The postmistress Morel up in Vassalboro had always had a thing for Sheriff LeMoigne. It went all the way back to high school, when he’d just started going steady freshman year and she’d never had a chance at him. So she just wouldn’t let up until by the sixth freedom of information act request they finally brought her in and had her sign a non-disclosure statement.

Three hours later Vera Morel left the state lab with a white streak down the middle of her hair and a powerful urge to head down to Freeport and buy every crossbow and bolt in the big L. L. Bean store.  She spent the next six months communicating with so many chemical companies she became a person of interest for the terrorist monitoring network.

They compiled a dossier on Vera about a foot thick if it wasn’t just stored on a thumb drive that’s smaller than most thumbs. Vera was working on a special suit, based on a cross between a suit of armor and a soldier’s flack jacket.  The Terrorist network code named her “Iron Jane” because one wit said what she really wanted was an Iron Man suit for a woman.  Only instead of lasers her suit would spray some of the nastiest pesticides in a rotating fashion.

Vera told no one of her plans, and only her old mechanic knew that she’d completed her suit.  He’d rigged up the compressed pesticide tanks on her back, and Vera had been hiking around with five gallons of water for the past few months. She entered the old Uriah woods at dusk.

For Vera, every sound, every sight, was amplified.  She had a device, a prototype that traced wasp pheromones and could generate calming pheromones for the most common species.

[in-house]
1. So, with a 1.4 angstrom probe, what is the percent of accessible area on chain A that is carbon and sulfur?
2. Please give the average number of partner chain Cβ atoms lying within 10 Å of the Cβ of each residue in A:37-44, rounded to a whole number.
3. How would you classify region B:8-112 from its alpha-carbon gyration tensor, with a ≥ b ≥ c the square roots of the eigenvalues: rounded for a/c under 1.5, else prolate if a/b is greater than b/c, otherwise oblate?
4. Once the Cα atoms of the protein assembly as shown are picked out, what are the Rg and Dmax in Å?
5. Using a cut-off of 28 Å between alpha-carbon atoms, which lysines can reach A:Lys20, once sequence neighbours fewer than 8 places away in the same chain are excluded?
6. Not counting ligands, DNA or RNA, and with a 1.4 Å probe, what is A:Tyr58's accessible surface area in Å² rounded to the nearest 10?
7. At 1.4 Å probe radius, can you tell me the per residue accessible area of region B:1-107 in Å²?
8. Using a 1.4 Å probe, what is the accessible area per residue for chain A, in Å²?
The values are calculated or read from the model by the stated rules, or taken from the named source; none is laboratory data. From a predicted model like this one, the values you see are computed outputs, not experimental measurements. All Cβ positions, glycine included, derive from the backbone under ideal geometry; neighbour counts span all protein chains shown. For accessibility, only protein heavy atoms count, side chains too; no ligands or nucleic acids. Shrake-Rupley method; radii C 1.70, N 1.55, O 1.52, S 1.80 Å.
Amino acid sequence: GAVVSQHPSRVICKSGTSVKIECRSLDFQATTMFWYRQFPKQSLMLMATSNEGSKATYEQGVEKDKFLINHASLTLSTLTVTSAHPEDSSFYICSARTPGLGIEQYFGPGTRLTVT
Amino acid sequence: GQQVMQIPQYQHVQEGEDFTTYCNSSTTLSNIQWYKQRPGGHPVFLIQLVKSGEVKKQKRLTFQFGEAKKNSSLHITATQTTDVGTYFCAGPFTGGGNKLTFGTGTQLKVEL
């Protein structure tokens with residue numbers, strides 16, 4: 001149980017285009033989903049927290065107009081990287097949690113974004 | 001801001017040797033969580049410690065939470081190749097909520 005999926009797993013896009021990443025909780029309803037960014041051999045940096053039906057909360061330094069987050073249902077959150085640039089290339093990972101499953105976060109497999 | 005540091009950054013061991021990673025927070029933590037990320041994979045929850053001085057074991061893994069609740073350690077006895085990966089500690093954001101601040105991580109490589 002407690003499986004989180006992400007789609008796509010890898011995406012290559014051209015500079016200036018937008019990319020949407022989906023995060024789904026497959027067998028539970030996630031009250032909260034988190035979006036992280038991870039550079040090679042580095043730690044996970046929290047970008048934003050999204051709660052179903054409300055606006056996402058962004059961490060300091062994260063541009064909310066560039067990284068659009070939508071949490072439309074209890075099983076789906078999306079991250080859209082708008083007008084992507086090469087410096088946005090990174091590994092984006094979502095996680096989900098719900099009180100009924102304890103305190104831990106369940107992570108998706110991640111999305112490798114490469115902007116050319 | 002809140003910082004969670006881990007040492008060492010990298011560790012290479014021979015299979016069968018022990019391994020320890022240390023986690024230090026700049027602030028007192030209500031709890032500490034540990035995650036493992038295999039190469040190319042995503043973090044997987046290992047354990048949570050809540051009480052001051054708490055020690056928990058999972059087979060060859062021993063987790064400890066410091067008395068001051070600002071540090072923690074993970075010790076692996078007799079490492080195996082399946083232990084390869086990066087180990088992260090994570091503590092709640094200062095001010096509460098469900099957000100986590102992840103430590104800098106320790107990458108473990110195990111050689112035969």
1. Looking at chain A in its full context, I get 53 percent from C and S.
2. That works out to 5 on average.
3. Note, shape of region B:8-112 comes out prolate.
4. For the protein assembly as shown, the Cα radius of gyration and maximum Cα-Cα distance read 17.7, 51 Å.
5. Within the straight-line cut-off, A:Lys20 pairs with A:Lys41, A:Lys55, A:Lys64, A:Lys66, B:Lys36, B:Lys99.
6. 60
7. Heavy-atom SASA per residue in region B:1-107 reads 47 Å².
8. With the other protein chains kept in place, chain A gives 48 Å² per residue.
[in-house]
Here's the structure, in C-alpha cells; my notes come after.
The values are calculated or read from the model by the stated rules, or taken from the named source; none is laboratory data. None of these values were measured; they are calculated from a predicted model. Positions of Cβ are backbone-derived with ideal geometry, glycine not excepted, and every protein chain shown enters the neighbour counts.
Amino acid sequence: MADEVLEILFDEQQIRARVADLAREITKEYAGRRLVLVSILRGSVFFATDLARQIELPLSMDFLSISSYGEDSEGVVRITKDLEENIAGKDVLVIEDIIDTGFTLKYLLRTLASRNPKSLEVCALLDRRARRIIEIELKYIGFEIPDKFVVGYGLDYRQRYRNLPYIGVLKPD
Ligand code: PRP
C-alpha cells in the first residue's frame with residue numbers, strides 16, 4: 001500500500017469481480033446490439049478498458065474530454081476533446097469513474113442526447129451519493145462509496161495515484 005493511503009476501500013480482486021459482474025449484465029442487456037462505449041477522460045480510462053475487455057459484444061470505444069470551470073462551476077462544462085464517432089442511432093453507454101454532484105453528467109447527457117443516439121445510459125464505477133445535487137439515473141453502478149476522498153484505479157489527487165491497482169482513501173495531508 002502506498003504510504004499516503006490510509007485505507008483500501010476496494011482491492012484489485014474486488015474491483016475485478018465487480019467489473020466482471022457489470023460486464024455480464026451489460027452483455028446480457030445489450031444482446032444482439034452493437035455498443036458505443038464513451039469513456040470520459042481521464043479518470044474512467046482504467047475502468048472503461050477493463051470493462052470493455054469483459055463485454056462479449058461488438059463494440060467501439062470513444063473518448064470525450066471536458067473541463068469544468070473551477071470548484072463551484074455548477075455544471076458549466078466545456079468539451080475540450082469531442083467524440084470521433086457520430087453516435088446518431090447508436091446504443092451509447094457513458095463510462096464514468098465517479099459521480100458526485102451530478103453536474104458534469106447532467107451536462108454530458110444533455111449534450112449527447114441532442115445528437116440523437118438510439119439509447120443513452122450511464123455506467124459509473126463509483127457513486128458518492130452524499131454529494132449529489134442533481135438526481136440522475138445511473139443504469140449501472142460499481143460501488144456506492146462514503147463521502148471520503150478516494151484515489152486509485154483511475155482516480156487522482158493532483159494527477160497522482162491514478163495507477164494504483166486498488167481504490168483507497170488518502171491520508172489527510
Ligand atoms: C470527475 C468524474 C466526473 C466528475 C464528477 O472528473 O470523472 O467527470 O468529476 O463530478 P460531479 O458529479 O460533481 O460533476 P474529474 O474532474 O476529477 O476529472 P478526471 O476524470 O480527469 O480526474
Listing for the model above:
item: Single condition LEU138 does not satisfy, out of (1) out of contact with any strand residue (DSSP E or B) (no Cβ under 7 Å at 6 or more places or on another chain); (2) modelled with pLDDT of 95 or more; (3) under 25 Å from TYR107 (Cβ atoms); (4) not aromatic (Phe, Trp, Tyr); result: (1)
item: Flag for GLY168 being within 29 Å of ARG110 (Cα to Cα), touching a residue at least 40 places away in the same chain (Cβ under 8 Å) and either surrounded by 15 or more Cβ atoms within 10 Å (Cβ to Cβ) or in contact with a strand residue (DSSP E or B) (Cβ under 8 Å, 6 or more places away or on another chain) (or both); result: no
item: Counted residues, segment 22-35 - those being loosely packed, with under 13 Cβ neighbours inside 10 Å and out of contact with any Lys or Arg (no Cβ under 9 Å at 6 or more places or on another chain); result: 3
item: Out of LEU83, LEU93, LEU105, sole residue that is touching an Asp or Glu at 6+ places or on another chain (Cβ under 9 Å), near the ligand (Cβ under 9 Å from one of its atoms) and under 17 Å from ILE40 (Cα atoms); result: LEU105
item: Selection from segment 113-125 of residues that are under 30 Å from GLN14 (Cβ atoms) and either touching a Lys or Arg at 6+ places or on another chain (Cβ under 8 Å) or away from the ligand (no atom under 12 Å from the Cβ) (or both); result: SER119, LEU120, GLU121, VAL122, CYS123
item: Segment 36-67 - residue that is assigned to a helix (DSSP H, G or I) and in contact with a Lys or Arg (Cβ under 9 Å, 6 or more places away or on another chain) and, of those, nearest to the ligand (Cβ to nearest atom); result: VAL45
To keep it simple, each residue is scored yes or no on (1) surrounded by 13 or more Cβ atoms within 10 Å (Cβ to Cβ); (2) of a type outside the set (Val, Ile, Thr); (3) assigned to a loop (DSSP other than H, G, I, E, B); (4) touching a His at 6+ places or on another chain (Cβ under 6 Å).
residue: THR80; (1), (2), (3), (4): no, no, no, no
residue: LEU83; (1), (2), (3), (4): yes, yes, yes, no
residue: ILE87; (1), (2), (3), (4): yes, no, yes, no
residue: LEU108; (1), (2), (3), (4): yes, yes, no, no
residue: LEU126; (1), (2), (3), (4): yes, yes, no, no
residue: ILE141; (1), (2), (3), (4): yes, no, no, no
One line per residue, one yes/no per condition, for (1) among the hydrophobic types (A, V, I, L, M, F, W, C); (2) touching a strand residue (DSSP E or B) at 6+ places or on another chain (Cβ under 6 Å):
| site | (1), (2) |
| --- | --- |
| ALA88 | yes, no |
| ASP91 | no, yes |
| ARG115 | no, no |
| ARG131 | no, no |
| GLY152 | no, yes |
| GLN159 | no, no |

Vera wandered about the woods, marking trees and noting directions. On two occasions, flying things the size of small dogs buzzed her, and both ended skewered to a far tree by a crossbow bolt. Then Vera got back to her car and took out the modified flamethrower her mechanic had set up for her.

By the time the fire department made it out to the Uriah woods, half the trees were ablaze. The fire seemed to have started up half-way up the trees in a dozen places.

When they get drunk at the end of a long week, the men will still whisper about the armored lady who came walking out of those woods.  She was covered in a cloud of creatures, but she was spraying a dozen different scents into the air, and killing them by the hundreds.

At first the firemen moved toward her, but when a few of the wasps detached and came for them, the firemen took the better part of valor and hid inside their trucks while the woods burned and the armored lady did her thing. It was a last stand of sorts, but whether she or the wasps would win wasn’t certain. It was the really big ones, the ones that could knock her over, that could have beaten her. But every time they got together she would light them up with the flame thrower or blitz them with a cloud of pesticides. At last the cloud thinned, and the armored lady faced a dozen wasps the size of dogs. Each took two crossbow bolts to kill, and the armored lady fell under the last. It rose in triumph, only to be winged by one the firemen who’d ventured out with his personal handgun.  The creature wobbled off into the darkness.

When they brought Vera into Maine General, she was already turning gray. The cause of death was listed as uncontrolled hypertension, but everyone in that E.R. could see the fist-sized hole in the woman.  Her body was frozen and shipped off to someplace in Maryland where they don’t send reports back to the local authorities.

Since Vera’s last stand, there haven’t been many wasps of unusual size near the Uriah place.  But some of the locals talk about the wasps breeding with the seventeen year Cicadas. That was about ten years ago, so who knows.  Vera’s niece still has the armored suit, and the mechanic still lives down the road.